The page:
CD REVIEW - Ira B. Liss Big Band Jazz Machine - Tasty Tunes


By Leonid AUSKERN

The entire creative life of Ira B. Liss is connected with big band jazz. This journey started for him in the early 1970s when a young Ira became drum major of his high school band at at Patrick Henry High School in San Diego, California. By 1979, he was destined to be a band leader when he started his Big Band - The Ira B. Liss Big Band Jazz Machine, which today is almost a 40 year span of time. As you can imagine, to keep a band this size together for such a long time is very difficult, as it's not a combo with only three to five people, but 18 musicians!! Ira is a big man too at 6'7", clearly a dominate force as a leader. 

The Big Band Jazz Machine has produced 5 CDs in its history, and this current one, Tasty Tunes, may clearly be the best one yet. The band is quite well known in Southern California for its concert performances and has appeared with many world famous jazz artists, for example, Bob Mintzer or George Shearing. The new CD, Tasty Tunes, does feature Mr. Mintzer, a very well respected saxophonist and composer, the fusion guitarist Dean Brown, alto sax man Eric Marienthal and flautist, Holly Hofmann.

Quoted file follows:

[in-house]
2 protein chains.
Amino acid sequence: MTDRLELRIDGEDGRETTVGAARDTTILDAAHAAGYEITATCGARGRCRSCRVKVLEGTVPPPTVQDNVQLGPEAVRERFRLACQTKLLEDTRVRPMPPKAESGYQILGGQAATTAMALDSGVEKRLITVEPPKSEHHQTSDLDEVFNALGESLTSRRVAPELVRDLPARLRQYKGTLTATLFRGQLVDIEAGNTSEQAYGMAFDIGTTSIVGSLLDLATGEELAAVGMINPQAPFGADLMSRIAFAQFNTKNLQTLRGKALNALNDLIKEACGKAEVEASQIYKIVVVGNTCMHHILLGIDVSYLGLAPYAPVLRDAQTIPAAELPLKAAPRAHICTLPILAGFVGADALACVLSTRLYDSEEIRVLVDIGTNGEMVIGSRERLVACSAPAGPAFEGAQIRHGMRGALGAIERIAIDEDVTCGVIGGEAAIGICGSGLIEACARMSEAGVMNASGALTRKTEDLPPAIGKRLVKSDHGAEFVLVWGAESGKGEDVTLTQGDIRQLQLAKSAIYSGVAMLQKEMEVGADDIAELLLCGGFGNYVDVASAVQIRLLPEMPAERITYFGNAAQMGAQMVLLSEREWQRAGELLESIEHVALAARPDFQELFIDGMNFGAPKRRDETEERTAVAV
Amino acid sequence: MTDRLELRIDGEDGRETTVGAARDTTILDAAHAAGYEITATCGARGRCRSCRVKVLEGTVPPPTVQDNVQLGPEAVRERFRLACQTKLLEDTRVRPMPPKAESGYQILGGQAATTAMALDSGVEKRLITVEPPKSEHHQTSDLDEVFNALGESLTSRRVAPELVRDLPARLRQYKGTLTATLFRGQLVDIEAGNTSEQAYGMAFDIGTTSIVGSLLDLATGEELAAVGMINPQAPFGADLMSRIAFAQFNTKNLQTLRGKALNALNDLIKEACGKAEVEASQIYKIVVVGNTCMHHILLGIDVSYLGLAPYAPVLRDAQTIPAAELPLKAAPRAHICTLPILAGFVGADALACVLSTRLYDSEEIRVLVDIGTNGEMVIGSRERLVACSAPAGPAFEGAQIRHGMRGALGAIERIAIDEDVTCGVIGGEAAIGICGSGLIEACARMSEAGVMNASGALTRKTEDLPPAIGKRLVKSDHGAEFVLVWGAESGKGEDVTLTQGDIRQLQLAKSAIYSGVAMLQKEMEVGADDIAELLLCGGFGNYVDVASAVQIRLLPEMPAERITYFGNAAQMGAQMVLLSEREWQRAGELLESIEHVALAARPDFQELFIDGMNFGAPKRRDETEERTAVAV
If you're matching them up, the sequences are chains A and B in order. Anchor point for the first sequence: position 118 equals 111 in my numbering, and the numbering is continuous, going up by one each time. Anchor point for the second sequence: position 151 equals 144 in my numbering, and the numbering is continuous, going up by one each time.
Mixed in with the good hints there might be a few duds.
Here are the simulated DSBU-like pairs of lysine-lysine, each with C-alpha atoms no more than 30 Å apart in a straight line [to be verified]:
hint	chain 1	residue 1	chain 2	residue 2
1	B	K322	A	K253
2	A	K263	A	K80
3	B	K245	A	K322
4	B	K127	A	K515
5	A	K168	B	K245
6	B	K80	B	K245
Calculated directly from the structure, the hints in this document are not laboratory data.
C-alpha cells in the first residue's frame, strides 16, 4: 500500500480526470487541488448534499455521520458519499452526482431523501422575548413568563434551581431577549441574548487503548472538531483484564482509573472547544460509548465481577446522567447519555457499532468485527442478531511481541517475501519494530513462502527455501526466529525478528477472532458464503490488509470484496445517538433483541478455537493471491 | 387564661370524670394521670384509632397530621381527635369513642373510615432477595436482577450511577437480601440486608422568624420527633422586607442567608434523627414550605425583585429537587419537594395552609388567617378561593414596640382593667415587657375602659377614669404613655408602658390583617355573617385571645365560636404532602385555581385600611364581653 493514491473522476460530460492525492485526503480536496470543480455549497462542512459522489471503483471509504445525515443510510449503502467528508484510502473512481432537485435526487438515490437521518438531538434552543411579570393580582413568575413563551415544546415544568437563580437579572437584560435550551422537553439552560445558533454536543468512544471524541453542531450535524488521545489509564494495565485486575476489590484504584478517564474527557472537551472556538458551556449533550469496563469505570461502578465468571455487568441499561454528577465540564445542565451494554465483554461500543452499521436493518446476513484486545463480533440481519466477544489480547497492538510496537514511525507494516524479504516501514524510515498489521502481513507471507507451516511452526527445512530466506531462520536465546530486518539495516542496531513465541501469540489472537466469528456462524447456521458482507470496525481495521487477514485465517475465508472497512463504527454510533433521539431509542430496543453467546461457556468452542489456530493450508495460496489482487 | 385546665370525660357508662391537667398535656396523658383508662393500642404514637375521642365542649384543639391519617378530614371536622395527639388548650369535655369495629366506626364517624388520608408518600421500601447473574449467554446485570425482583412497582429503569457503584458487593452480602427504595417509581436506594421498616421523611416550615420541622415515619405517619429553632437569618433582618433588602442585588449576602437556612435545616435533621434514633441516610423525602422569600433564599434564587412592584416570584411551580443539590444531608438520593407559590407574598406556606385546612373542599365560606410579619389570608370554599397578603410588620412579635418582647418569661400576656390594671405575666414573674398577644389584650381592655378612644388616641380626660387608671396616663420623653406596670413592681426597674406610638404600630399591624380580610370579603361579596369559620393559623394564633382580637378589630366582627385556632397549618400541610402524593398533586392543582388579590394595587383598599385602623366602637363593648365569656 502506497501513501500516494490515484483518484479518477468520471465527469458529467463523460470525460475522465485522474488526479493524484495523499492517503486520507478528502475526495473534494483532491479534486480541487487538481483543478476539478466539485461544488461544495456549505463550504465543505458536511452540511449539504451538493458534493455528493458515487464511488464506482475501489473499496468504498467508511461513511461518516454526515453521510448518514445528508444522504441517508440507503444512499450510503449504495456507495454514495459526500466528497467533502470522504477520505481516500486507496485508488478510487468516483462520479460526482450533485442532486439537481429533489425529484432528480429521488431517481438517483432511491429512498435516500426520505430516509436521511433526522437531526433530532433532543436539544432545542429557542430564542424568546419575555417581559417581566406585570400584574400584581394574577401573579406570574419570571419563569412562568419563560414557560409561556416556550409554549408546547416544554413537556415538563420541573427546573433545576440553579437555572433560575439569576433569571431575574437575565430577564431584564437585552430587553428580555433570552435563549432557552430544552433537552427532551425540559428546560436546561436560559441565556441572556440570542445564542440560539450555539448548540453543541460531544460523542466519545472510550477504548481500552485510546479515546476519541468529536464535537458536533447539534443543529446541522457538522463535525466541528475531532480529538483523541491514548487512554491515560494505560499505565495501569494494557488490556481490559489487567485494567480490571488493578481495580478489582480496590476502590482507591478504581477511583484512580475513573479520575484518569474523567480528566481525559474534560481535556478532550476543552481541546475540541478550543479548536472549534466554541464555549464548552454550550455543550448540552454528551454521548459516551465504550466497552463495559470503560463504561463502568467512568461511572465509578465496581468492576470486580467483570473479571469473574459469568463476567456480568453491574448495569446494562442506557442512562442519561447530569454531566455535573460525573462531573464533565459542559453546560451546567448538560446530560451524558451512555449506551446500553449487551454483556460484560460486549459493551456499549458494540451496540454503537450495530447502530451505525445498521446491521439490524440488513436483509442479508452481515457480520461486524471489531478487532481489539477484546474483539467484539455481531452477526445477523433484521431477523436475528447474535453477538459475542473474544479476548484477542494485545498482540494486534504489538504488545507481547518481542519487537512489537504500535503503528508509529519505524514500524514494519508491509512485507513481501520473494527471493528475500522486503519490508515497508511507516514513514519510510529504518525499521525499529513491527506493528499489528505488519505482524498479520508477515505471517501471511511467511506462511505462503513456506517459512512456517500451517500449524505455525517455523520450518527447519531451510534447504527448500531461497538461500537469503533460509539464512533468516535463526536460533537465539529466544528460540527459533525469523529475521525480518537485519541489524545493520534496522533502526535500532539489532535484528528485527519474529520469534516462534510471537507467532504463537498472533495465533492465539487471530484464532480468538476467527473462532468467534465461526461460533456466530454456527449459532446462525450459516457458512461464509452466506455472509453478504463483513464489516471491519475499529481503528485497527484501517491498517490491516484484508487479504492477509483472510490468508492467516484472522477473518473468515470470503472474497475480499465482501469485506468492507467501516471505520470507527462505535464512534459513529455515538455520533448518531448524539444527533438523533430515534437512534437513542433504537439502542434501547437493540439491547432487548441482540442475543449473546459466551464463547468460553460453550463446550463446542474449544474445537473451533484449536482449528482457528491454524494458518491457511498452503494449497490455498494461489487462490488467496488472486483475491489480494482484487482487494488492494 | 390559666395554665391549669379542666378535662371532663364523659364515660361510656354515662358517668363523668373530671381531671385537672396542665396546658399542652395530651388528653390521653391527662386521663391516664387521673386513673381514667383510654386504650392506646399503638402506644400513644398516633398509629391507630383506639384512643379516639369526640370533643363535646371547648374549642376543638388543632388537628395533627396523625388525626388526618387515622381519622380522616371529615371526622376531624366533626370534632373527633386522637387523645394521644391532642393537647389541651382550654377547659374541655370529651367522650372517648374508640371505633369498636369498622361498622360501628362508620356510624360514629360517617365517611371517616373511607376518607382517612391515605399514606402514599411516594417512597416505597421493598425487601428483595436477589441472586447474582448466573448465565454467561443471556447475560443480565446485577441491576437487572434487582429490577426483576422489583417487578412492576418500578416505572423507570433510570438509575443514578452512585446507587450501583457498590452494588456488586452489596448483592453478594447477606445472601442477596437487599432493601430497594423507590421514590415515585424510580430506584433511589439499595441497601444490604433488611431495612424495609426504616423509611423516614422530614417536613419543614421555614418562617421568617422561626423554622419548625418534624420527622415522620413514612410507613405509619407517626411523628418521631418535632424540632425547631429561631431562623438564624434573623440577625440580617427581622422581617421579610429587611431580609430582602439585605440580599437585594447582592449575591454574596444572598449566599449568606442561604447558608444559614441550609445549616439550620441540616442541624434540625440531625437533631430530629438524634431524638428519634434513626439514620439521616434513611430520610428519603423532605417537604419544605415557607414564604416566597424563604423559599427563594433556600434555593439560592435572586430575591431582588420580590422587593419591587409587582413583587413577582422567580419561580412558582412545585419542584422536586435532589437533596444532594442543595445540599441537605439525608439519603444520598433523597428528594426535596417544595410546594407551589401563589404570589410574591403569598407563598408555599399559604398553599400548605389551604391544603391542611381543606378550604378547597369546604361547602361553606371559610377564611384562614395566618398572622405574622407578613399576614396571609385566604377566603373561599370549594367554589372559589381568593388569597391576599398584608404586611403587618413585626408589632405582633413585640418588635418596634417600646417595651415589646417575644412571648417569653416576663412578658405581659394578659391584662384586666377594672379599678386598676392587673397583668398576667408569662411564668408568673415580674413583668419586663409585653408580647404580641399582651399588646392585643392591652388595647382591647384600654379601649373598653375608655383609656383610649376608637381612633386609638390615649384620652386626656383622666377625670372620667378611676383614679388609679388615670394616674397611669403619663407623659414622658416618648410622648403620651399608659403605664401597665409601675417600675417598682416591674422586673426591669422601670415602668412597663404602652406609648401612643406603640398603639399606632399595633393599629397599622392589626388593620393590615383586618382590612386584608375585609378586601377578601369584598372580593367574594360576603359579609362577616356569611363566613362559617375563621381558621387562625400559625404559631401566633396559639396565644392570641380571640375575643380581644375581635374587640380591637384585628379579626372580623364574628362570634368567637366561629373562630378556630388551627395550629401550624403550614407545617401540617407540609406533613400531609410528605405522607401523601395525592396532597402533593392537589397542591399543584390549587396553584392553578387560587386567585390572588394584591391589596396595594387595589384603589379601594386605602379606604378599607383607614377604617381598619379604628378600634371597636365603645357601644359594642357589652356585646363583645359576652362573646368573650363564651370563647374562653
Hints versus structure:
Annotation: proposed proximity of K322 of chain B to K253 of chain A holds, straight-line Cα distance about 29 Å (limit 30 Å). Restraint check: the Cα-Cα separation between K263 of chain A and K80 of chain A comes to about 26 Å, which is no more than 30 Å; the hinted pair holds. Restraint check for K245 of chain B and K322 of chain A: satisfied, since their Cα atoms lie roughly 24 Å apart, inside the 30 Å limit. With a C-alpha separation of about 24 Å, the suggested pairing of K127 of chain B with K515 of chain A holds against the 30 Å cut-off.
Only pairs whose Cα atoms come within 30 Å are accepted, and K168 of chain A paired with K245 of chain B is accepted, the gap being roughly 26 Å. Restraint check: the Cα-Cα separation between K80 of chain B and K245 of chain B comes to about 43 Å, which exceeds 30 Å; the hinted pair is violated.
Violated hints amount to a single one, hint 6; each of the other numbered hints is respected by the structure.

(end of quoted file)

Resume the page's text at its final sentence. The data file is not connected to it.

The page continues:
The program of the album is a motley amalgam, where the classic standards of the swing era, like Rogers and Hart co-exist with no less famous compositions of post war jazz. This would include famous compositions like Mountain Dance by Dave Grusin, skillfully arranged by the famous German bandleader, Peter Herbolzheimer. 

The name of the band, The Big Band Jazz Machine, simply begs for comparison with an impressive working piece of machinery. And this comparison, in this case, is very appropriate - both in terms of impeccable work of all its parts (that is sections) of this mechanism, and in terms of the dynamic quality of the music offered by Ira Liss. Bright, major, full of pure without halftone colors of the band's musical canvas, it seems could not have been born in any other place other than sunny California. In contrast, in this sense, I was especially fond of the more restrained, lyrical Nature Boy, where the melodious vocals of Janet Hammer echoes the solo alto flute of guest artist Holly Hofmann. The parade of saxophonists in Oleo was also impressive, where all the members of the saxophone section took part in turn. Manhattan Burn gave guitarist, Alex Ciavarelli a very wide field for improvisation. All in all, the Big Band Jazz Machine and its impressive solo artists combined to show that the recording of this very professional band is a most impressive work. 

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